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Parents Reflect On Students... MIT Years

By Satwik Seshasai

Last Friday’s commencement ceremony was not just the culmination of students’ experiences at MIT, it was also a time for many proud parents to recount their four or more years of association with the Institute. Parents’ perspectives on MIT were overwhelmingly positive, with some offering advice for the parents of incoming MIT students.

Regardless of the number of years spent at MIT or whether they were enrolled in graduate or undergraduate programs, graduates celebrated with very positive reactions from parents and family. William Cooley, father of Jamie E. Cooley PhD ’06, said that MIT “broadened his [son’s] skills significantly.” Donna Bevan, mother of M.B.A. Graduate Eric A. Bevan ’99, said that her son first saw MIT at age 10 and knew then that he wanted to attend. Eric Bevan has since received both undergraduate and graduate degrees from MIT.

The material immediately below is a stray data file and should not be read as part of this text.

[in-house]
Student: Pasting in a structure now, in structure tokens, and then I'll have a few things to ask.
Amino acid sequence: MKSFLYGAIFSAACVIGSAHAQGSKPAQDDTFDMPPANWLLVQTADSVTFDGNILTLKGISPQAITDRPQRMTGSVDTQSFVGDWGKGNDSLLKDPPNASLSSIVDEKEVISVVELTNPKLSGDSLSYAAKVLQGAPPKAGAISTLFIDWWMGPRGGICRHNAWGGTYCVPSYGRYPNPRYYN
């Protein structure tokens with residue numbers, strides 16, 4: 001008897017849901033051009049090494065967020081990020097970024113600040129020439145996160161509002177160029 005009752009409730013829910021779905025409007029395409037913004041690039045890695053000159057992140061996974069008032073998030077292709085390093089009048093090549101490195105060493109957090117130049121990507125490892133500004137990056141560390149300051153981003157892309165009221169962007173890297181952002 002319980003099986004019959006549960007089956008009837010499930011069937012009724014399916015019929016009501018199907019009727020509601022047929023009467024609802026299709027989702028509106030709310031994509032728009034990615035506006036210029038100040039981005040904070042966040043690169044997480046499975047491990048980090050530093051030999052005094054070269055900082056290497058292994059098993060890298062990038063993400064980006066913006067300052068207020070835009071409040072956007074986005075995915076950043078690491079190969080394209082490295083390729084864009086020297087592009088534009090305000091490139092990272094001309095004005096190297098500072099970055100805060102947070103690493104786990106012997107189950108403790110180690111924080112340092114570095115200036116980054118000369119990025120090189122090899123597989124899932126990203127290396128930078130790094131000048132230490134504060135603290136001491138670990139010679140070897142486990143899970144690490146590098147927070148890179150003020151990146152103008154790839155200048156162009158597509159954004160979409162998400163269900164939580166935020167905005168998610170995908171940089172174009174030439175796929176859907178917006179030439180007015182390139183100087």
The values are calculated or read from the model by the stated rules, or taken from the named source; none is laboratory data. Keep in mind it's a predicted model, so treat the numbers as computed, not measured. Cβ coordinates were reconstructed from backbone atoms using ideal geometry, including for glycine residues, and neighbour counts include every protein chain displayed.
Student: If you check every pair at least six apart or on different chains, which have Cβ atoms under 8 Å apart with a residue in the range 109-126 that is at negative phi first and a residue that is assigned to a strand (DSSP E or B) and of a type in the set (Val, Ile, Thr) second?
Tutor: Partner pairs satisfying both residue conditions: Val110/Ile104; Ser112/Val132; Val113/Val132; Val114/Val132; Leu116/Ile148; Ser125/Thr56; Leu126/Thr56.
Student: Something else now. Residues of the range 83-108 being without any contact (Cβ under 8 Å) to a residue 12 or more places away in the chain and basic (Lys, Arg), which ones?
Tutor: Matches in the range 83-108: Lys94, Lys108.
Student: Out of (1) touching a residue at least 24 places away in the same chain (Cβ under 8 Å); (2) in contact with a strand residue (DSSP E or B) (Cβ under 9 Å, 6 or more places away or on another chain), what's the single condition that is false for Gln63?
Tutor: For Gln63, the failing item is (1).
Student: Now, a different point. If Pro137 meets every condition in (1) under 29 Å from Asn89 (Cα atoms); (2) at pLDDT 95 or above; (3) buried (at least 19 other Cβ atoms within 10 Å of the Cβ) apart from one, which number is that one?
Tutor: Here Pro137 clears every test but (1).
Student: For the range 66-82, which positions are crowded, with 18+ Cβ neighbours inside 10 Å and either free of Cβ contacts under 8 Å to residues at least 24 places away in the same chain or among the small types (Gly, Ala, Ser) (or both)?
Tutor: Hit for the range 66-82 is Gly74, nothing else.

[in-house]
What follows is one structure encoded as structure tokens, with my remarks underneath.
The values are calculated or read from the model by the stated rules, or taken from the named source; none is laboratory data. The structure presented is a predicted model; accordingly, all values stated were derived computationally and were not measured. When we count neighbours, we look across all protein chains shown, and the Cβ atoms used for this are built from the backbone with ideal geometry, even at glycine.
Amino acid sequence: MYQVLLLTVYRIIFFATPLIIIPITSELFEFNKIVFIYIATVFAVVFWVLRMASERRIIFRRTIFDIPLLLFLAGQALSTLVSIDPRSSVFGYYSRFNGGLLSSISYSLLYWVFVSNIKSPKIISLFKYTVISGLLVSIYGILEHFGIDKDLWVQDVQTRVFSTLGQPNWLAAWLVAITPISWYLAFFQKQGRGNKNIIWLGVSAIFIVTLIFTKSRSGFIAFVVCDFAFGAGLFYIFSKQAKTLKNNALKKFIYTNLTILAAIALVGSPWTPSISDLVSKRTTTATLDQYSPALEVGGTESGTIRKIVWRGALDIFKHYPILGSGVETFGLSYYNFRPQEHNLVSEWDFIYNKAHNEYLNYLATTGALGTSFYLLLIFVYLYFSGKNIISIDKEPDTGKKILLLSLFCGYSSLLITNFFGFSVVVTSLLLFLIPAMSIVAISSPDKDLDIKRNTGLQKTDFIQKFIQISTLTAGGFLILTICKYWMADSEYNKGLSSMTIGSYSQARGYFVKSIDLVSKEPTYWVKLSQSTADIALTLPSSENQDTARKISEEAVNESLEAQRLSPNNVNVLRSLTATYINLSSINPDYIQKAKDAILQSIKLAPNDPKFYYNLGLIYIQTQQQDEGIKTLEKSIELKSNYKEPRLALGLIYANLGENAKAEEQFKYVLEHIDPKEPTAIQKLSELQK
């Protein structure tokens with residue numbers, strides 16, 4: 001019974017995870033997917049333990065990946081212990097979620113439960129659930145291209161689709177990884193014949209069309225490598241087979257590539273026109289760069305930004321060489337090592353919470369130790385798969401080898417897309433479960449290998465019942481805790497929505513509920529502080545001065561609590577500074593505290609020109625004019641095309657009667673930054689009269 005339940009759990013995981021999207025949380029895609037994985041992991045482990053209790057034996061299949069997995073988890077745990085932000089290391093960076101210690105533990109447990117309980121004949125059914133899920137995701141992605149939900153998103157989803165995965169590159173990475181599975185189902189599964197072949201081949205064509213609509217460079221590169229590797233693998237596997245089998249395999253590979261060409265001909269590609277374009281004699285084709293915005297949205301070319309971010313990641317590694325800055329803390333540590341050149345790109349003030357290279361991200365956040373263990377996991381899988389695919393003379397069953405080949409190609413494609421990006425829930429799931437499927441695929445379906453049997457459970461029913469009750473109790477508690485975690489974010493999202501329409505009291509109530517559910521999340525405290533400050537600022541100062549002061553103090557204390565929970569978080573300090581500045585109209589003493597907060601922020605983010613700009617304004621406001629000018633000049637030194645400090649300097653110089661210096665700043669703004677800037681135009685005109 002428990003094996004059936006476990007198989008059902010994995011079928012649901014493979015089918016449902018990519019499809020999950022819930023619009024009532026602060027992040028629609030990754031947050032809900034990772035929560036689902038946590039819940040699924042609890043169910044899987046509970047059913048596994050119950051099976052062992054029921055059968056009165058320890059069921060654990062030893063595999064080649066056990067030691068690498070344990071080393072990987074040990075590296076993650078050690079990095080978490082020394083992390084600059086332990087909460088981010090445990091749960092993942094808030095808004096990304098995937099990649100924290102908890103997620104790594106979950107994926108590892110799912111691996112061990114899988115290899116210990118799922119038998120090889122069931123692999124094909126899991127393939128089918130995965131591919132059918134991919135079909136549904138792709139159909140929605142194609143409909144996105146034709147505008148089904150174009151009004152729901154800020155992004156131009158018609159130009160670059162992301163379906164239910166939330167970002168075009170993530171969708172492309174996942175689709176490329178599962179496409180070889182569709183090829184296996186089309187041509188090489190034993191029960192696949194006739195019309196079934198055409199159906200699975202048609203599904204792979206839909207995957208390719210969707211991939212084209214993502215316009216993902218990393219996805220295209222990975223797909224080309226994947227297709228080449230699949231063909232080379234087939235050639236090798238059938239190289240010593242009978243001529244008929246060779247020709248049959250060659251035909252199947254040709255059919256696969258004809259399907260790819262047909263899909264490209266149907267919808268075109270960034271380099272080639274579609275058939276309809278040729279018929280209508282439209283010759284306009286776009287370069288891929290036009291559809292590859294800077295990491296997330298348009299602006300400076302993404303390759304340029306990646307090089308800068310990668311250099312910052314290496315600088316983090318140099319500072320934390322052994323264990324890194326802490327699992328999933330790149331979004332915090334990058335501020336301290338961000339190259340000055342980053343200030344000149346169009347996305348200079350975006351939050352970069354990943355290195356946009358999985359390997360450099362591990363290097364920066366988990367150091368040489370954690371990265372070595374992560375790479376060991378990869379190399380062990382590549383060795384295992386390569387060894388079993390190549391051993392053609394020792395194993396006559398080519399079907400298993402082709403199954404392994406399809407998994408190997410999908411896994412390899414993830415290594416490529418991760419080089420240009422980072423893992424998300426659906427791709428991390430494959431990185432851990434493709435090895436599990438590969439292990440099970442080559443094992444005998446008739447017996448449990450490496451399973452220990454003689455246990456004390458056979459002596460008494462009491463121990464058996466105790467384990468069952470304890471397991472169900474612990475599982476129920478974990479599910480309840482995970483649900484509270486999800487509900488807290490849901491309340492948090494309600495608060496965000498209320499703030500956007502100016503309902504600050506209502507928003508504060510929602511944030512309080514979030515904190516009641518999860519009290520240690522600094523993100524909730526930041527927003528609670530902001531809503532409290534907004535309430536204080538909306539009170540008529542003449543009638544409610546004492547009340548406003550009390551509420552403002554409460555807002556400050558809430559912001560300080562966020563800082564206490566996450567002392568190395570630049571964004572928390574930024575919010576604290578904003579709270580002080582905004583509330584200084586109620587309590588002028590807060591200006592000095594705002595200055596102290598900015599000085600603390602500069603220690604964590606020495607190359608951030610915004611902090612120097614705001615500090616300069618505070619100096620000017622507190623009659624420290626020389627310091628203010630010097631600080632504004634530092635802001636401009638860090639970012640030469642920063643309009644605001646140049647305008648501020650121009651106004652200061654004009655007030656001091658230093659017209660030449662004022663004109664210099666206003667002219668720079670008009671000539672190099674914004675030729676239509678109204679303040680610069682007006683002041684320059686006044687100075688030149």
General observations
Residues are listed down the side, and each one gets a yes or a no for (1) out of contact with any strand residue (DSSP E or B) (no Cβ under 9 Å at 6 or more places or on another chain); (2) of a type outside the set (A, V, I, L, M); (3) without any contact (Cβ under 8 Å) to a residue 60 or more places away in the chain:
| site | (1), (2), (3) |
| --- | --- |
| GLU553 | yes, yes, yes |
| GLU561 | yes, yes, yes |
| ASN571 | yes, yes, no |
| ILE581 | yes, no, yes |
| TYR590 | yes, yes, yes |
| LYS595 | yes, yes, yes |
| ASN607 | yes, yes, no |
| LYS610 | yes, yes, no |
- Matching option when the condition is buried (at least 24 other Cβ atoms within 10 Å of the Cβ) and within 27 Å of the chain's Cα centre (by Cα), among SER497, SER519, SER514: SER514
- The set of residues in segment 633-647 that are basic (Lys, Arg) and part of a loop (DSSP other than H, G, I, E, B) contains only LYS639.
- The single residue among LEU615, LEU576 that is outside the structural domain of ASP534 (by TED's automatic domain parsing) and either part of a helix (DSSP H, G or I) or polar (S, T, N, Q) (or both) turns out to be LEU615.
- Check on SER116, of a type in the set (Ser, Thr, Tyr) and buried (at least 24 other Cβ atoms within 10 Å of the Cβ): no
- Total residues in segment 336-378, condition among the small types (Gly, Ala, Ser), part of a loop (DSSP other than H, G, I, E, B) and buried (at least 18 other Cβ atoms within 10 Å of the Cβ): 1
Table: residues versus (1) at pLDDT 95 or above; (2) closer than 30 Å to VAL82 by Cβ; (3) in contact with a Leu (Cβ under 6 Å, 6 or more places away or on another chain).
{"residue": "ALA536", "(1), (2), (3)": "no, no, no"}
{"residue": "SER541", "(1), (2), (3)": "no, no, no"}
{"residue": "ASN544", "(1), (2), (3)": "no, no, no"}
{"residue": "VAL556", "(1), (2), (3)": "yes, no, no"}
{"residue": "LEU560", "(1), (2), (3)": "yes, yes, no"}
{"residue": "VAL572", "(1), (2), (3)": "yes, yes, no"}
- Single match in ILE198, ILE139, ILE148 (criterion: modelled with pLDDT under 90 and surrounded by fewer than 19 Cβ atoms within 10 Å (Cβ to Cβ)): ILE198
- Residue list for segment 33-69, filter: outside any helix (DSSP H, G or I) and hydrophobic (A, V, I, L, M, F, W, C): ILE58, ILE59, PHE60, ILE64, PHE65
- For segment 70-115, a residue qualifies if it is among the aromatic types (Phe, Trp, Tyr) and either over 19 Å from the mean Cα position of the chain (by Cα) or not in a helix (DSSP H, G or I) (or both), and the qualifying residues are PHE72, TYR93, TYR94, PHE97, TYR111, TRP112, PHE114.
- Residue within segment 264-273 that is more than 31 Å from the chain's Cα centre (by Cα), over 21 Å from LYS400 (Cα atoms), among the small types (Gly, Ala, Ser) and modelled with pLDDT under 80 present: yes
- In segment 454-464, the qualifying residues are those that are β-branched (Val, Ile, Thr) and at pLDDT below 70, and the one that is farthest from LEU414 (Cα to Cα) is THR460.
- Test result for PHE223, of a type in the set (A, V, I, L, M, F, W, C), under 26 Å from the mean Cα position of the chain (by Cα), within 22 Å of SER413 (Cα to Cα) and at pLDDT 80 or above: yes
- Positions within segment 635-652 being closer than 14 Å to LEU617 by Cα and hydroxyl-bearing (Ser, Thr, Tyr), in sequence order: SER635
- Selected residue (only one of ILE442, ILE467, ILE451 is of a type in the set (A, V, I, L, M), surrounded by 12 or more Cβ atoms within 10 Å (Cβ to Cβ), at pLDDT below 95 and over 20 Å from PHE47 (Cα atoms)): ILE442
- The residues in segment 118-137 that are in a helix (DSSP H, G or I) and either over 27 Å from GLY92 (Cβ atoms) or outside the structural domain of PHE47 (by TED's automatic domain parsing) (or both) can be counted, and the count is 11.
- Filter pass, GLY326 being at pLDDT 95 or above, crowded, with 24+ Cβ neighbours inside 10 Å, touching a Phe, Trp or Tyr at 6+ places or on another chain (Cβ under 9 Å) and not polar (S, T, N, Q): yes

Paula Arfin was one of many parents overwhelmed by MIT’s academic excellence. Her son Scott Kenneth Arfin S.M. ’06 worked with “people who were number one in their country,” she said. Ann D’Auria, mother of Michael W. D’Auria ’06, was impressed and appreciative that her son had the opportunity to compete in international sports while at MIT, including a basketball trip to Taiwan.

Bharti Venkatraman, mother of Dheera Venkatraman ’06, noticed the social change that MIT had on her son. “On the first day, he was holding onto us and wouldn’t let us out of his sight,” Bharti Venkatraman said. “Since then he has travelled the world alone.” Rosa King, mother of Yao-Chung King ’06, a former The Tech staffer, said that the impression MIT left on her was that “everybody has the same equal opportunity to do whatever you think possible.”

Offering advice to parents of incoming freshmen, the parents cited the need for compassion, patience, and food. “Listen to your children for the first five minutes every time, then speak,” Bharti Venkatraman said. “Send them food,” Rosa King said. Echoing the general advice of experienced MIT parents, Ann D’Auria said, “There are some hard moments. They need encouraging words, a hot meal, phone calls, and help with laundry.”